More questions were raised than answered Friday in the Special Counsel Robert Mueller investigation. Most reporting has it wrong.
Judge Emmett Sullivan had ordered Mueller to file FBI interview notes in the prosecution of Michael Flynn. Sullivan is scheduled to decide on a sentence for Flynn’s guilty plea on December 18 in the U.S. District Court for the District of Columbia.
Mueller’s office filed a “Government’s Reply To Defendant’s Memorandum In Aid Of Sentencing” on December 14, 2018. That covering transmittal is pure rhetoric.
As a criminal defense attorney, let me explain that those statements by Mueller attorneys Brandon Van Grack and Zainab Ahmad are spin, essentially a closing argument. These are only the prosecutors’ opinions. Yet Trump critics like Fox News’ Shepard Smith were reading that document on air as if it were evidence.
What really counts is two documents that Sullivan ordered the FBI to cough up. Exhibit A and Exhibit B raise serious questions. Both are heavily redacted, but the context of the blacked-out sections suggests that there is “no there there.”
Exhibit A is a very superficial January 24, 2017, memo to the file from when Peter Strzok and another, unnamed FBI agent interviewed Trump’s incoming National Security Adviser Flynn. The interview was at the direction of Andrew McCabe. It is reported that McCabe wrote Exhibit A. Both Strzok and McCabe are Trump haters and coup plotters as demonstrated by their text messages and emails. McCabe’s wife took over $700,000 from Friends of Hillary to run as a Democrat in Virginia for the State Senate.
As an attorney, I believe that nothing in Exhibit A would allow Judge Sullivan to sustain a criminal conviction of Flynn under 18 U.S.C. § 1001 for lying to the FBI. We don’t know what is blacked out, but the context around those redactions leave it improbable that any lie by Flynn is recorded in those interview notes.
Exhibit B is a formal FBI Form FD-302 from August 22, 2017, of an interview with Peter Strzok This is not a Form 302 of an interview with Michael Flynn. This is an interview taken of Peter Strzok. The August 22, 2017, FD-302 starts out “(U/FOUO) FBI Deputy Assistant Director (DAD) Peter P. Strzok was interviewed in his office in the Special Counsel’s office in Washington D.C.”
Inside of Exhibit B, the August 22, 2017, Form 302 states that Peter Strzok wrote a different Form 302 earlier about the January 24, 2017, interview with Flynn.
That earlier Form 302 is missing. Exhibit A does not appear to be a Form 302. It does not appear to contain anything that would support a conviction that Flynn had said anything to the FBI that was untrue. The missing earlier Form FD-302 would be enough for Judge Sullivan to throw out Mueller’s case against Flynn entirely.
Exhibit B cannot be reliable enough to support a conviction of Flynn under 18 U.S.C. § 1001. The Special Counsel’s office was interviewing the FBI agent plotting with Andrew McCabe, Linda Page, apparently Rod Rosenstein, and others to overthrow the 2016 U.S. presidential election.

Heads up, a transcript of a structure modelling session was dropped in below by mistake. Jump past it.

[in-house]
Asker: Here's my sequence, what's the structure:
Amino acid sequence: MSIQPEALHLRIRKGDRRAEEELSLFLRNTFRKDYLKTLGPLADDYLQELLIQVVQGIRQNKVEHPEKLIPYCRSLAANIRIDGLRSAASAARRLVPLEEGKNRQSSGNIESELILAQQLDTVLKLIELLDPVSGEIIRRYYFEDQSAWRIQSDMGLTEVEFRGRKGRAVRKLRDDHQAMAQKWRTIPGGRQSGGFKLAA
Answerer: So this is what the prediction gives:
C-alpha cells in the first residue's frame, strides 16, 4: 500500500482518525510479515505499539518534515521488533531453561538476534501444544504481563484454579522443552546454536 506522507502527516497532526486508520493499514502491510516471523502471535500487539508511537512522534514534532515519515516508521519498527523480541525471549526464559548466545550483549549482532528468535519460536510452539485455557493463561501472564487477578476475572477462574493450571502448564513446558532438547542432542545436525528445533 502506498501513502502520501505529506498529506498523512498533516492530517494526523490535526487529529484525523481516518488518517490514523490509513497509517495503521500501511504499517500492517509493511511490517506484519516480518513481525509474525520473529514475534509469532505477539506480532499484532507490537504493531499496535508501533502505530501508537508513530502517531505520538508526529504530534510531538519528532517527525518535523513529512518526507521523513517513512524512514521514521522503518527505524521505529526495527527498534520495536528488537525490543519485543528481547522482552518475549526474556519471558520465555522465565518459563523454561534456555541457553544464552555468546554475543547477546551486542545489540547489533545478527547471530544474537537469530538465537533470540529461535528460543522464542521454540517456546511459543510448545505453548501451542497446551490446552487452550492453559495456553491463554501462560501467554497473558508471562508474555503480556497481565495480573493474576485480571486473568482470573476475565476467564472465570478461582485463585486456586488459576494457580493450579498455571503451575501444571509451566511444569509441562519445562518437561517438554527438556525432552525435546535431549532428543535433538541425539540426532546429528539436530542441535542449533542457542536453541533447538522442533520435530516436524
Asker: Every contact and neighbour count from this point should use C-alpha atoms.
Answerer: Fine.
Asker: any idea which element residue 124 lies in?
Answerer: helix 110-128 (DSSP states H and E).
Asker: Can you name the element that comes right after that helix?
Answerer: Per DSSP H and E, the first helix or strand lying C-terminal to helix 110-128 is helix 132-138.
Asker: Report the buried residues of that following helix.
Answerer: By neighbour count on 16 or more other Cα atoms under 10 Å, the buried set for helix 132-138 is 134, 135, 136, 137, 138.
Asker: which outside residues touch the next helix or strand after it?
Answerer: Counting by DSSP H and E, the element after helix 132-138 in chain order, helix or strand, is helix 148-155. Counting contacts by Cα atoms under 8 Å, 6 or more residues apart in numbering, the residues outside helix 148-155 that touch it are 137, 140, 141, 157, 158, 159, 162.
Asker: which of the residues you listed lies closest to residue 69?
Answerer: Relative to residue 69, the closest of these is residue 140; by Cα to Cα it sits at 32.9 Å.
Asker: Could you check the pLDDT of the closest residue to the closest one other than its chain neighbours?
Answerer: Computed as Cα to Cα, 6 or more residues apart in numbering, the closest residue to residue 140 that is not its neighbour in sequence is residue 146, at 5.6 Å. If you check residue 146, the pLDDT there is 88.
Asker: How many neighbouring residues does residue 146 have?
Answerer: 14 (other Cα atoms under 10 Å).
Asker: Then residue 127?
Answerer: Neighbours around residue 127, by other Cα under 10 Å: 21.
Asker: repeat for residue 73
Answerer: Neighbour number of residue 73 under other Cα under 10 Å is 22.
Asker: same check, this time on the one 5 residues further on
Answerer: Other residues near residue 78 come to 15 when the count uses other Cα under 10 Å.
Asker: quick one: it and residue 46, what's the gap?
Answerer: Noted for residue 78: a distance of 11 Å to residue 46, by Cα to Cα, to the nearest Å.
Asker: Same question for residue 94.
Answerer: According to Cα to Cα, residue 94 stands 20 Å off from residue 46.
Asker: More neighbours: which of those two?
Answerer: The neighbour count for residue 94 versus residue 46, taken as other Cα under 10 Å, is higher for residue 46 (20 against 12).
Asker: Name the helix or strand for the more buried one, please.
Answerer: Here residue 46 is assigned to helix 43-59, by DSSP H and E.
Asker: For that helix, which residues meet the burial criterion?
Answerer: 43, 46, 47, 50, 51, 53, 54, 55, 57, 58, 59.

Exhibit B is also heavily redacted. (Judge Sullivan will have the full, unredacted version.) But, again, the visible portions surrounding the redactions make it improbable that anything supports a conviction of Flynn.
Judge Sullivan’s unusual order telegraphed that Sullivan has doubts about the legal validity of Mueller’s prosecution of Flynn. He has a history of questioning prosecutors. He threw out the 2008 prosecution of former Senator Ted Stevens for similar reasons, in USA v Theodore F. Stevens, No. 1:08-CR-00231-EGS (Docket No. 257, December 22, 2018); Anna Stolley Persky, “A Cautionary Tale: The Ted Stevens Prosecution,” Washington Lawyer, October 2009.
Judge Sullivan will not be taking sides for or against Trump or carrying water for Flynn. For Sullivan, if prosecutors will abuse the rights of the powerful and well-connected when everyone is watching, how will prosecutors trample on the rights of the poor and unnoticed defendants. This is a crusade of honor for Sullivan. Sullivan comes from a time when judges were actually judges. Sullivan is likely to throw out Flynn’s conviction to send a message to all out-of-control prosecutors in general, not because he cares about Flynn in particular. Even though Flynn pleaded guilty, a judge still has some responsibility to ensure that a law was actually broken, a plea is fair, and procedures were not abused. The court’s authority cannot be circumvented even where the parties have agreed.
In a disturbing further revelation, Exhibit B also says “(U/FOUO) Before the interview, McCabe, [REDACTED] and others decided the agents would not warn Flynn that it was a crime to lie during an FBI interview because they wanted Flynn to be relaxed, and they were concerned that giving the warnings might adversely affect the rapport.”
Other reporting is now developing that one week before interviewing Flynn the “insurance policy” FBI team leaked to the news media that they had closed the investigation into transition team communications with Russia. That appears to have been a scheme to deceive Flynn into a perjury trap. The entire events seem designed to deceive Flynn into thinking the interview was just a casual, background, off-the-record discussion, not an interview.
This approach of strategic leaking, perjury traps, and winning at any cost seems to have permeated the modern FBI just as situational ethics has affected the rest of society. Like Judge Sullivan often does, we need to care about the integrity and fairness of our legal system or lose our nation.
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